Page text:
• Maintain this position while applying your rein aids to ask for the halt. Keep your weight firmly in your heels to prevent your horse from pulling you forward, especially if he is a little strong in the bridle.

Practice this several times until you start to feel like you can produce the halt with less rein aid than you needed initially. Then try the exercise from the trot. Eventually, work your way up to doing it from the canter. The goal is to practice this power position so much that you can slip into it in a split second.

Starting in a right-lead canter, I check that my weight is in my heels and slide my lower legs a little forward. Then I sit down in the saddle, tighten my abs and open my hip angle, while squeezing my fingers on the reins to ask for the halt.

I maintain this strong position throughout the transition all the way to the halt. Then I reward Sammie by softening the rein contact. You need to practice this position so much that you can slip into it in a split second from walk, trot or canter.

Exercise 2: Walk to Canter on a Slight Angle

Next, let’s review the basic canter aids to help ensure that your horse is in the correct balance to pick up the lead you want, which later will make flying changes come easily. Every horse has a good side and a bad side, so practice this exercise on your horse’s easier lead first to be sure you both understand it. Then try it on his more challenging lead.

This exercise creates a mild angle in your horse’s body with his right hind leg tracking directly behind his left front leg. This shifts his weight back toward his outside (right) hind leg. Turning his head slightly to the outside and moving him from your inside (left) leg to your outside (right) rein will “open up” his inside foreleg, allowing him to pick up the left lead.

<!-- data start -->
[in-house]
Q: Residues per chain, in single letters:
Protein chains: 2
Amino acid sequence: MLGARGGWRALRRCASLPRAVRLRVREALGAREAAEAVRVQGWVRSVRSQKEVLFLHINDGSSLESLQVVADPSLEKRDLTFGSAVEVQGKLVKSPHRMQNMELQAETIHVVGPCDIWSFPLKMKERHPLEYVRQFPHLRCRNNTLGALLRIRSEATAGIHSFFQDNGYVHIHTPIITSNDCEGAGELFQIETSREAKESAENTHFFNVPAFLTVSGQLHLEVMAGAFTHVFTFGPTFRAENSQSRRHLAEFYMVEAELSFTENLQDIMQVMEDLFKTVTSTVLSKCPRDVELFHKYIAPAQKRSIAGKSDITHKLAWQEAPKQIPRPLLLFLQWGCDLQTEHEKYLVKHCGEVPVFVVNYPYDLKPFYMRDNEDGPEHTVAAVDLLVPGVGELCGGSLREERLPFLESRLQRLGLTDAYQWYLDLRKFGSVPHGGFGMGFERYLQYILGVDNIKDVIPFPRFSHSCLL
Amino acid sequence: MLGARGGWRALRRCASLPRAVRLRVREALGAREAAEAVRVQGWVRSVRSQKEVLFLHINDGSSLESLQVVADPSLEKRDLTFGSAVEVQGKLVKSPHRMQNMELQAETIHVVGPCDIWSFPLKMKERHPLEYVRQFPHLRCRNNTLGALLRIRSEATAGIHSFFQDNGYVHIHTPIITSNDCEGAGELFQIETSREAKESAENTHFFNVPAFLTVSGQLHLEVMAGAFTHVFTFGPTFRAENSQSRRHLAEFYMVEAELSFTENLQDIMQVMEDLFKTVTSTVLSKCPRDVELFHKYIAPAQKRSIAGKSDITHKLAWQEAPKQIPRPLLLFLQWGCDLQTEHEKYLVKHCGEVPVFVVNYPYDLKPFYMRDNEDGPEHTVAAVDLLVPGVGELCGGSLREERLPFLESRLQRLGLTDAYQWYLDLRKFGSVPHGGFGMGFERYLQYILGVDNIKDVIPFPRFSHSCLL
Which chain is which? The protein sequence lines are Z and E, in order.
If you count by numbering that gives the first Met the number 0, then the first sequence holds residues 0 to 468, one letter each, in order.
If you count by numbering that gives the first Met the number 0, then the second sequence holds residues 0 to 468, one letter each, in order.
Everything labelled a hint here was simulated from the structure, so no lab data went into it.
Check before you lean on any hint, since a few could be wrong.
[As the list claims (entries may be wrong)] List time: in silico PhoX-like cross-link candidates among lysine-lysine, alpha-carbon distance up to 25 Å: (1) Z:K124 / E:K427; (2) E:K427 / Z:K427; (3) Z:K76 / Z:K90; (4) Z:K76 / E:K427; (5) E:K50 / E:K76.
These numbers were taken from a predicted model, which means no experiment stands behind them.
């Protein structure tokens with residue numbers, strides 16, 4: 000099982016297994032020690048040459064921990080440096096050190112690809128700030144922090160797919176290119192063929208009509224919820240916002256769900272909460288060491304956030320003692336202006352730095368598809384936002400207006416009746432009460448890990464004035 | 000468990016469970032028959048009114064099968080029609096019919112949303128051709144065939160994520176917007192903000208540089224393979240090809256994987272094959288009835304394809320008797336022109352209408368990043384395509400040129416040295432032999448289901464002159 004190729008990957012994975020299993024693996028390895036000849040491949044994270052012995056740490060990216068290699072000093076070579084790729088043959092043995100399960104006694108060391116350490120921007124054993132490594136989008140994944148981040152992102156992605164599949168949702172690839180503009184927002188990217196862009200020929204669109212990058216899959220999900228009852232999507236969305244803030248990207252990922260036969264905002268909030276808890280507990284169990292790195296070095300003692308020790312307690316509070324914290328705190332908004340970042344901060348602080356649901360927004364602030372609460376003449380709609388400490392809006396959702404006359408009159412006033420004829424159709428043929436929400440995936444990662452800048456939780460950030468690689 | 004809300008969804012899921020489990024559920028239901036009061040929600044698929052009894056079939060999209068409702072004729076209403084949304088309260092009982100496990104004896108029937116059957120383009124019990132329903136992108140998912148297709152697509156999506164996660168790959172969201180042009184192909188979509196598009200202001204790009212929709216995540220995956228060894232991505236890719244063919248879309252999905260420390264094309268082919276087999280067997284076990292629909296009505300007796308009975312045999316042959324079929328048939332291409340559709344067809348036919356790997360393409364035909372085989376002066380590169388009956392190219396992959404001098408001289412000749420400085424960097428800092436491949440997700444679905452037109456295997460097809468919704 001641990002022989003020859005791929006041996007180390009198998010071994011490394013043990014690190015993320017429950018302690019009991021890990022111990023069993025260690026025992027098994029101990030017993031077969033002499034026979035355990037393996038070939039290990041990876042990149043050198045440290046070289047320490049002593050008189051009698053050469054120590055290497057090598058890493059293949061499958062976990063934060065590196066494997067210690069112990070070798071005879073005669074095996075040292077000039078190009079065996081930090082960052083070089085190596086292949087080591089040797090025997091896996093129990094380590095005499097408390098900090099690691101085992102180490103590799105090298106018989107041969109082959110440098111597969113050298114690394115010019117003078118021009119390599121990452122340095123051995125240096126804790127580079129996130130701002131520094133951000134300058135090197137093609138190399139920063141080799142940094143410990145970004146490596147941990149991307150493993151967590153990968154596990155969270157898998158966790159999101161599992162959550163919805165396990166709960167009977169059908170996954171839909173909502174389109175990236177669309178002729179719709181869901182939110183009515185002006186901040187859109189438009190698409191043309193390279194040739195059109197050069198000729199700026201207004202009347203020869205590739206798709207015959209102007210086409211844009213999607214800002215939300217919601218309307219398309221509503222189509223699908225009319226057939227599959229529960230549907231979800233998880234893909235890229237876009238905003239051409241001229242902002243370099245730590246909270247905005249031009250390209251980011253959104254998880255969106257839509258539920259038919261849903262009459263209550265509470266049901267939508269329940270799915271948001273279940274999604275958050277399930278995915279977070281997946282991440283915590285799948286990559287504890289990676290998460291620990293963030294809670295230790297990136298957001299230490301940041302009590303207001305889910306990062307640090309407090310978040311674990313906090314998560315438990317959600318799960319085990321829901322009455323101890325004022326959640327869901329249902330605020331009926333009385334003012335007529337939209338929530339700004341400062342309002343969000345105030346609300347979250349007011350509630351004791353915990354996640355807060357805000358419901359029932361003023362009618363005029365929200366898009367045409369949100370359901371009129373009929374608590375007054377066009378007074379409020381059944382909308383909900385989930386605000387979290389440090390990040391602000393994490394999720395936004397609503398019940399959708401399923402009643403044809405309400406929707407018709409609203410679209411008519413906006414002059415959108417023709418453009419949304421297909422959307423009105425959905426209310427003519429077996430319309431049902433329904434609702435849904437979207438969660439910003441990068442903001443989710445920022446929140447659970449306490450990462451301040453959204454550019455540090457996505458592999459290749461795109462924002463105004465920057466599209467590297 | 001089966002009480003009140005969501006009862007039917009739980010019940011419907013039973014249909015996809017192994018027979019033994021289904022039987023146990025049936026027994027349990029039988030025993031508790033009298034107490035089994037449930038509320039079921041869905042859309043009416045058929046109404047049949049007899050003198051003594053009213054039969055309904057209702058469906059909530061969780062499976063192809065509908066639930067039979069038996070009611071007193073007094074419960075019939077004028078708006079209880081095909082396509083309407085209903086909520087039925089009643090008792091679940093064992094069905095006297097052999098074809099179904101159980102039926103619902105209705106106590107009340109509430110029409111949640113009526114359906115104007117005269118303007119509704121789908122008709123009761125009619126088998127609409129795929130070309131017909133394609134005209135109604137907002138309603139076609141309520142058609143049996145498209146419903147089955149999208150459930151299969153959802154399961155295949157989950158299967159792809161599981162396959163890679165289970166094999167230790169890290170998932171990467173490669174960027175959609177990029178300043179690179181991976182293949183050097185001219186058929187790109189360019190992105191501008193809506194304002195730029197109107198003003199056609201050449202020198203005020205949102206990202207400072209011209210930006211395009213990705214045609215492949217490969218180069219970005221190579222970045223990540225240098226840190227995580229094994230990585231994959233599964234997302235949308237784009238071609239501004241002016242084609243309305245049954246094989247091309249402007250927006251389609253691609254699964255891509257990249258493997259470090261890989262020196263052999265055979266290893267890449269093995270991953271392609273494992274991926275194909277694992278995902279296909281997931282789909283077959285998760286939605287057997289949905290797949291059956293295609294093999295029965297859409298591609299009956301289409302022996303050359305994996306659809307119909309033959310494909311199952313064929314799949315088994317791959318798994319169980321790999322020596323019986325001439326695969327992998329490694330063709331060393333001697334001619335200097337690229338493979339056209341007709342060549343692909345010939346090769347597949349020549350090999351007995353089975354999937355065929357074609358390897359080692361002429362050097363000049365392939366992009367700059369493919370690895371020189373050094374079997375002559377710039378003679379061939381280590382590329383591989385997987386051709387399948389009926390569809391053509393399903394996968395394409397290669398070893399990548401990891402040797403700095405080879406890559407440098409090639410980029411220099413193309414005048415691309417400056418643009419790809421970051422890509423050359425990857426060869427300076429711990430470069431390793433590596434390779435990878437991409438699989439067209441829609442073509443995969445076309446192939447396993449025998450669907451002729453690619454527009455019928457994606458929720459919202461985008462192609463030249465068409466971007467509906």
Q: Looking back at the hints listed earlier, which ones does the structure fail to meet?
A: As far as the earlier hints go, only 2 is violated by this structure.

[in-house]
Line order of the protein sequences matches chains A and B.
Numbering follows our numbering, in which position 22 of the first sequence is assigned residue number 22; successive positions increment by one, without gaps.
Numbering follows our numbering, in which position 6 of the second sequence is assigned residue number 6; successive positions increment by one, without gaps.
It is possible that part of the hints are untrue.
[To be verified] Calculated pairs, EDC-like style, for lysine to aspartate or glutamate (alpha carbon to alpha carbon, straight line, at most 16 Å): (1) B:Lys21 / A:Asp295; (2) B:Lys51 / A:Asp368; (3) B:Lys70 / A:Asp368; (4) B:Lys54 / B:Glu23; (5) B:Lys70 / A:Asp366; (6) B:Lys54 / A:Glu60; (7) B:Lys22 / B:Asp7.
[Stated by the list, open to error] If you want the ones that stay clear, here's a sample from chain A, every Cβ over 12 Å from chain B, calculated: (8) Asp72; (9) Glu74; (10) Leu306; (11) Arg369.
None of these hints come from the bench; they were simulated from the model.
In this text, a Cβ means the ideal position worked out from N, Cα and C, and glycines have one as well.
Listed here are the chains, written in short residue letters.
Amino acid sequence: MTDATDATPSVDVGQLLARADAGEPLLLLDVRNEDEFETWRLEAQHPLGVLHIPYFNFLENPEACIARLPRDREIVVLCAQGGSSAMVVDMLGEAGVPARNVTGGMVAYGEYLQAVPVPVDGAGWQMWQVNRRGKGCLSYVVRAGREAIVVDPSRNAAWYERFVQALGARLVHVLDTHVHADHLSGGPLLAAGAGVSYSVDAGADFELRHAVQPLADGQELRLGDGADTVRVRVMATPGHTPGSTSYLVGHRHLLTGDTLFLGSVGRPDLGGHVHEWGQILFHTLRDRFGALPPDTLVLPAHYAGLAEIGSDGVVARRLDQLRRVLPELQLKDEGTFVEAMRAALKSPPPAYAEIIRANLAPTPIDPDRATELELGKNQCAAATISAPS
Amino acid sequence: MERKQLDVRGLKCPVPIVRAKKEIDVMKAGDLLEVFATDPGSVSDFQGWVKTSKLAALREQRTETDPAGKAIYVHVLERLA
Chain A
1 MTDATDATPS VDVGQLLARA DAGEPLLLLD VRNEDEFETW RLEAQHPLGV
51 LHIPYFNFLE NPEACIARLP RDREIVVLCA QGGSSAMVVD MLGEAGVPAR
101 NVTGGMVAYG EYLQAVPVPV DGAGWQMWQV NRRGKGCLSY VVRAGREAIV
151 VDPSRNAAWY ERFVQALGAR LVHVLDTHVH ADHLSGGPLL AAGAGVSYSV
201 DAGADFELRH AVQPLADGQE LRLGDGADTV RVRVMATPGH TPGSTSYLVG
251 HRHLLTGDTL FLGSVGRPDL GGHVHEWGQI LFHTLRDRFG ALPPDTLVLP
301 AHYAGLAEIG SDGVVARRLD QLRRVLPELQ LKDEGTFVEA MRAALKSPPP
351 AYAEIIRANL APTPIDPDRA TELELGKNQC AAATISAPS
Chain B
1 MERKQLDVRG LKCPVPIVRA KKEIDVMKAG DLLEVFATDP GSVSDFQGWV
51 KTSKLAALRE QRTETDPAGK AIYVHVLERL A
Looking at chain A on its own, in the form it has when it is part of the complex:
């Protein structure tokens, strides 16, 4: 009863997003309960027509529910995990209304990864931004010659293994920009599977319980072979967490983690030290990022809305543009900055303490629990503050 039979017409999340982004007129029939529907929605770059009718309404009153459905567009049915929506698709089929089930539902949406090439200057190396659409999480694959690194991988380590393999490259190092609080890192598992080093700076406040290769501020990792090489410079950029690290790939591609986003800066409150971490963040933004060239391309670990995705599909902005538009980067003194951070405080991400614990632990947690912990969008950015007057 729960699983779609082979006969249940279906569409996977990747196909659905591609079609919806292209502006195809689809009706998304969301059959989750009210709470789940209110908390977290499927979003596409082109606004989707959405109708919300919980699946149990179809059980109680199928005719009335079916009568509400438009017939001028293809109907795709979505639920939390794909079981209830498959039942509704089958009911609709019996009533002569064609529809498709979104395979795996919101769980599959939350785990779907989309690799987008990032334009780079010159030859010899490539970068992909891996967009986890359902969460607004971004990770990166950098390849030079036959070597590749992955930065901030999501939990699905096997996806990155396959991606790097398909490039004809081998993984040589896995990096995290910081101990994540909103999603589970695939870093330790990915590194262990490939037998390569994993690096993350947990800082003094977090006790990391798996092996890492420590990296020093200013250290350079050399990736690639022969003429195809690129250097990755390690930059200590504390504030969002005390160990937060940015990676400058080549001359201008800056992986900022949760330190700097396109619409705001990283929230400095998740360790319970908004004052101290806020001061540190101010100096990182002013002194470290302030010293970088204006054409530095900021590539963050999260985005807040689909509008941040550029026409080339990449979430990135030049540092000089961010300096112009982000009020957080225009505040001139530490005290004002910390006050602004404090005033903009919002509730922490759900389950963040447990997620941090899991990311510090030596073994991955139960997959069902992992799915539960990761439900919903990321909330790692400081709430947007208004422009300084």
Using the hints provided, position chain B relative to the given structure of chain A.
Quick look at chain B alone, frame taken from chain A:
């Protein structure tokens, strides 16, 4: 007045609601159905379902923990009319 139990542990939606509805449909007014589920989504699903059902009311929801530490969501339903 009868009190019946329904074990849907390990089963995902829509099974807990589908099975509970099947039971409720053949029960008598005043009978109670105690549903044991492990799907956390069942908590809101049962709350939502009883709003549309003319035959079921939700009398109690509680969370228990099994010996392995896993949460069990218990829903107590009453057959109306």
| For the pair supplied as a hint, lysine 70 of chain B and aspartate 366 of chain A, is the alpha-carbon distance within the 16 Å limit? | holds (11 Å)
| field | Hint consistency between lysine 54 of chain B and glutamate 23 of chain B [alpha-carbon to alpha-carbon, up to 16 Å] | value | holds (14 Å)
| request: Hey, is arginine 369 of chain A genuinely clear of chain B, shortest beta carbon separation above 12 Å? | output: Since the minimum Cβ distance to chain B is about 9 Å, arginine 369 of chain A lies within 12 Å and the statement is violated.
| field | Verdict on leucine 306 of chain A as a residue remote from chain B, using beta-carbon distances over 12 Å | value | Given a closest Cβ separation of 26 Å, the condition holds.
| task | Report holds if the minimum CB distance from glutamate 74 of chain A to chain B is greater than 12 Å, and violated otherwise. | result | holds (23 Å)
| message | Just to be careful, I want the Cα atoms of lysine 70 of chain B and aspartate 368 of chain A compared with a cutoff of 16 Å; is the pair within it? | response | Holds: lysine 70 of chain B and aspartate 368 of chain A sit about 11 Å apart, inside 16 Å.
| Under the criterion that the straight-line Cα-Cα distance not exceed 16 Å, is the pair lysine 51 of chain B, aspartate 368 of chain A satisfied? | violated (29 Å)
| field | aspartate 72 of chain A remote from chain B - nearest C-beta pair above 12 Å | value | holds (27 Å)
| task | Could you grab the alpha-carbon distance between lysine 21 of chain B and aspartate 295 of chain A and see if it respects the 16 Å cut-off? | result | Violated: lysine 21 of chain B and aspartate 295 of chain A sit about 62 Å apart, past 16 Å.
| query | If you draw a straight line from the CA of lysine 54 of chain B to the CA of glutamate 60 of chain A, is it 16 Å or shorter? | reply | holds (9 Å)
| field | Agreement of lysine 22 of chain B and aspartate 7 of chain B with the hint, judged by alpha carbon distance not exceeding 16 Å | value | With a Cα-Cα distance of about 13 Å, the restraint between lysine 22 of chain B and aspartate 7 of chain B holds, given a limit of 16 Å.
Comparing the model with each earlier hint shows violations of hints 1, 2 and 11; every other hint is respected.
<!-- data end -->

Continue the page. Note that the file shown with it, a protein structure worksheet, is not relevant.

Why do it: Reviewing basic canter aids will help ensure that you and your horse are in the correct balance to pick up the lead you want, which later will make flying changes come easily.

Step 1

Tracking left, I stay about 2 meters off the rail, checking that Sammie is walking in an absolutely straight line. I shift my weight just enough so I feel my outside (right) seat bone on the saddle more than my inside (left) seat bone without leaning my upper body in either direction.

Step 2

Next, I slide my right leg back a little and tap it to move her haunches slightly to the inside and I squeeze my left leg at the girth to push her shoulders to the outside while using my right rein to keep her neck straight or turned a bit to the outside.

Step 3

When she responds to these aids by shifting the weight of her shoulders away from my inside leg, I relax my aids and continue walking with this slight angle.

Step 4

Then, to ask for the canter, I simply slide my outside leg back again and press it against her side, still keeping her neck straight with my outside hand.

Here’s how to pick up the left-lead canter:

• Start by walking down the long side of the arena, at least 2 meters off the rail, with your eyes focused up and ahead.

• To set up for the transition, shift your weight just enough so that you feel your outside (right) seat bone on the saddle more than your inside seat bone, without leaning your upper body in either direction. (Practice this slight weight shift on a firm chair at home first.)

• Slide your outside (right) leg back behind the girth and ask your horse to move his haunches slightly to the inside.

• At the same time, apply your inside (left) leg at the girth to push his shoulders toward the outside.

• Keeping a straight line from your elbow to your hand to the bit, use your outside rein to straighten his neck, bringing his nose a little to the outside.

This will create a mild angle in your horse’s body with his outside (right) hind leg tracking directly behind his inside (left) front leg (see diagram to the right). Be careful to keep him straight through his body, neither bending to the inside nor the outside. Meanwhile, continue walking in a straight line parallel to the rail.

You’ll know your horse is properly set up if you can almost see his outside (right) eye. You’ll also get a sense that his weight is shifted to the outside, opening up space for his inside foreleg to strike off in the canter. Think again of the four weights hanging from his four corners. The heaviest one should be on the outside (right) hind while the lightest is on the inside (left) front. If you don’t feel this balance, push him over more with your inside leg.

The next challenge is to maintain this balance throughout the transition to canter.